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15 minute stroll could cut diabetes risk

WebMD UK Health News
Medically Reviewed by Dr Keith David Barnard

12th June 2013 - Older people could benefit from a 15 minute walk after each meal to help regulate blood sugar levels and reduce their chances of developing type 2 diabetes, say researchers.

A study, published in Diabetes Care, found that three short walks after eating are as effective at reducing blood sugar levels during a 24 hour period as a 45 minute walk taken at the same easy-to-moderate pace.

Moreover, post-meal walking was significantly more effective than a sustained walk at lowering blood sugar for up to three hours following the evening meal.

Taking a stroll

Lead author Loretta DiPietro from George Washington University School of Public Health in the US says: "These findings are good news for people in their 70s and 80s who may feel more capable of engaging in intermittent physical activity on a daily basis, especially if the short walks can be combined with running errands or walking the dog."

Around three million people have been diagnosed with diabetes in the UK and an estimated 850,000 people are believed to have the condition without knowing it.


The Washington researchers carried out a very small study involving 10 men and women, mainly in their late 60s, who were non-smokers but moderately obese, with most of their weight carried around their middle. They were otherwise healthy, but at risk of developing Type 2 diabetes due to higher-than-normal levels of fasting blood sugar and to insufficient levels of physical activity.

The participants took part in three different exercise regimes spaced four weeks apart.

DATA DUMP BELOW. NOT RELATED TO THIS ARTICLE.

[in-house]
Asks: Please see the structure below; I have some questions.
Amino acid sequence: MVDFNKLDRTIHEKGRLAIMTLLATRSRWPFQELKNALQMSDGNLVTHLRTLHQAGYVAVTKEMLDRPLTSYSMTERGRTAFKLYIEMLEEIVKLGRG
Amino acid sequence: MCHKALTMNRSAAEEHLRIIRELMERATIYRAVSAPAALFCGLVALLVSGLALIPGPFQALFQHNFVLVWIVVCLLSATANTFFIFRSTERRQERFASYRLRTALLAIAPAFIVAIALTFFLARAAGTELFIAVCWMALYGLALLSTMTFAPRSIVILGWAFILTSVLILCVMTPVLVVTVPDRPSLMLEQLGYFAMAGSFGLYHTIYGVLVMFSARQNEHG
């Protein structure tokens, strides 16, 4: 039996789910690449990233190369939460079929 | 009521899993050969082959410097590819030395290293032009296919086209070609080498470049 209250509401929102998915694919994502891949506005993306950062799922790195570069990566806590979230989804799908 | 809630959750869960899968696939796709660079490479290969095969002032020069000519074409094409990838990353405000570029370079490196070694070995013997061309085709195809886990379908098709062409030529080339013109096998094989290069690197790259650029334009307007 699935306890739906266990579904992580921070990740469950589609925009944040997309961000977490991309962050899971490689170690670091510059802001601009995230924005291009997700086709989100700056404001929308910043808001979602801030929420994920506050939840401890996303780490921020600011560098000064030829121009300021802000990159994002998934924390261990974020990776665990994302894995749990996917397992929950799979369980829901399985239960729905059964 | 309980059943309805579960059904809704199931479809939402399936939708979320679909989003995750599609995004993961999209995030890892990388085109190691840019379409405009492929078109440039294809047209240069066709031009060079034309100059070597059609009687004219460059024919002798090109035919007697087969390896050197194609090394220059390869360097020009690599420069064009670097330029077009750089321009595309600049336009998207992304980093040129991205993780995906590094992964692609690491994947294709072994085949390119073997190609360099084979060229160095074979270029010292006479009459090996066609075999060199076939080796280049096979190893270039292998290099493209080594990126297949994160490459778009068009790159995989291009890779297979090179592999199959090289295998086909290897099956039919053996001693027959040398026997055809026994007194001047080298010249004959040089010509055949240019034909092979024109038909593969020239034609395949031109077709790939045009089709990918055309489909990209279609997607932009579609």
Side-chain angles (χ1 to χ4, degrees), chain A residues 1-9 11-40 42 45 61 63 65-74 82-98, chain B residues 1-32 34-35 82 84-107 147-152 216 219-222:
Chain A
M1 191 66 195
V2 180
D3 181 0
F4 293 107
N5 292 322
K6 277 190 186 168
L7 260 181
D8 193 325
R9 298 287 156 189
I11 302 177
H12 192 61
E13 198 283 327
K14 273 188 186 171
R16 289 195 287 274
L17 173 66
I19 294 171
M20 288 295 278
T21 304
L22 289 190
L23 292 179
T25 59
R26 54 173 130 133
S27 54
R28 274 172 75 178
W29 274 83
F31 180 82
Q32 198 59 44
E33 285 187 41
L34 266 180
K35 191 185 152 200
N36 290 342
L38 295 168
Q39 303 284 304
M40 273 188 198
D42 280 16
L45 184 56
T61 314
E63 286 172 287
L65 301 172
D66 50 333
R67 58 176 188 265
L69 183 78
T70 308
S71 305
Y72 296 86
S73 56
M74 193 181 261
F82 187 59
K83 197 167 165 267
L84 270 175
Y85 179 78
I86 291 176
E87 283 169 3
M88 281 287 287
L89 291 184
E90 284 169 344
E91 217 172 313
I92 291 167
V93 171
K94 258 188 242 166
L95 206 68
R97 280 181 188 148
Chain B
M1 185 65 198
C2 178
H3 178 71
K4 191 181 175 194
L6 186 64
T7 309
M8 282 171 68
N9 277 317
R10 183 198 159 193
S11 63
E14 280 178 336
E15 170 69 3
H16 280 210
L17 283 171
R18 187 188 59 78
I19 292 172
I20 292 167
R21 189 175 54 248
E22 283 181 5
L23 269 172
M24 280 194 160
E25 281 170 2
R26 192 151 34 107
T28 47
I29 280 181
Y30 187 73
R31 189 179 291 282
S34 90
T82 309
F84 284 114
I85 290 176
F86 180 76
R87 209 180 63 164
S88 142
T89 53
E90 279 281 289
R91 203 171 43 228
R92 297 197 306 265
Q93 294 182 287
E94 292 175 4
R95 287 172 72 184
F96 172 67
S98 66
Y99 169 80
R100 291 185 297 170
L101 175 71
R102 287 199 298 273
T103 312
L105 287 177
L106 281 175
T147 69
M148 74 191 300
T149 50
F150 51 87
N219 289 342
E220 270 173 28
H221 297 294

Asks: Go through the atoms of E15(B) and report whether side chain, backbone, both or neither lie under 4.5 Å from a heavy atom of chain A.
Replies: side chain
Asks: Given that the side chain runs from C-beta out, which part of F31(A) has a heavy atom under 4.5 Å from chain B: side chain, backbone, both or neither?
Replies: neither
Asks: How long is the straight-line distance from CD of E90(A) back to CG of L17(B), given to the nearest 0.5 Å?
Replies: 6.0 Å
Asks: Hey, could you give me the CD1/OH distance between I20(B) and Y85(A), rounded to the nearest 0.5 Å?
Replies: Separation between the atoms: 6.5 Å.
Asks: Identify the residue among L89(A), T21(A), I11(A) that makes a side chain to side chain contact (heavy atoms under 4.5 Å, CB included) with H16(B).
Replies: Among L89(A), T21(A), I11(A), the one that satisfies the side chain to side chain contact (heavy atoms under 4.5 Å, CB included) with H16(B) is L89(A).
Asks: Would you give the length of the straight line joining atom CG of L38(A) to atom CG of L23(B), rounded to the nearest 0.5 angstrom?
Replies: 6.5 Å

In each of these periods, they spent two days having their energy expenditure measured, then a day either walking for 15 minutes after meals or walking for three quarters of an hour in the morning or mid-afternoon.

All those involved in the trial ate the same type of food and had their blood sugar levels monitored throughout the day.

The researchers found that the most effective time to go for a post-meal walk was after the evening meal. The exaggerated rise in blood sugar after this meal, which is often the largest of the day, lasts well into the night and early morning and this was curbed significantly as soon as the participants started to exercise, say the authors.

'Get out and move'

Loretta DiPietro says there could be an important message for people accustomed to eating a big evening meal and then taking a nap or watching TV. "That’s the worst thing you can do," she cautions. "Let the food digest a bit and then get out and move. A walk timed to follow the big evening meal is particularly important because this research suggests high post-dinner blood sugar is a strong determinant of excessive 24-hour glucose levels."

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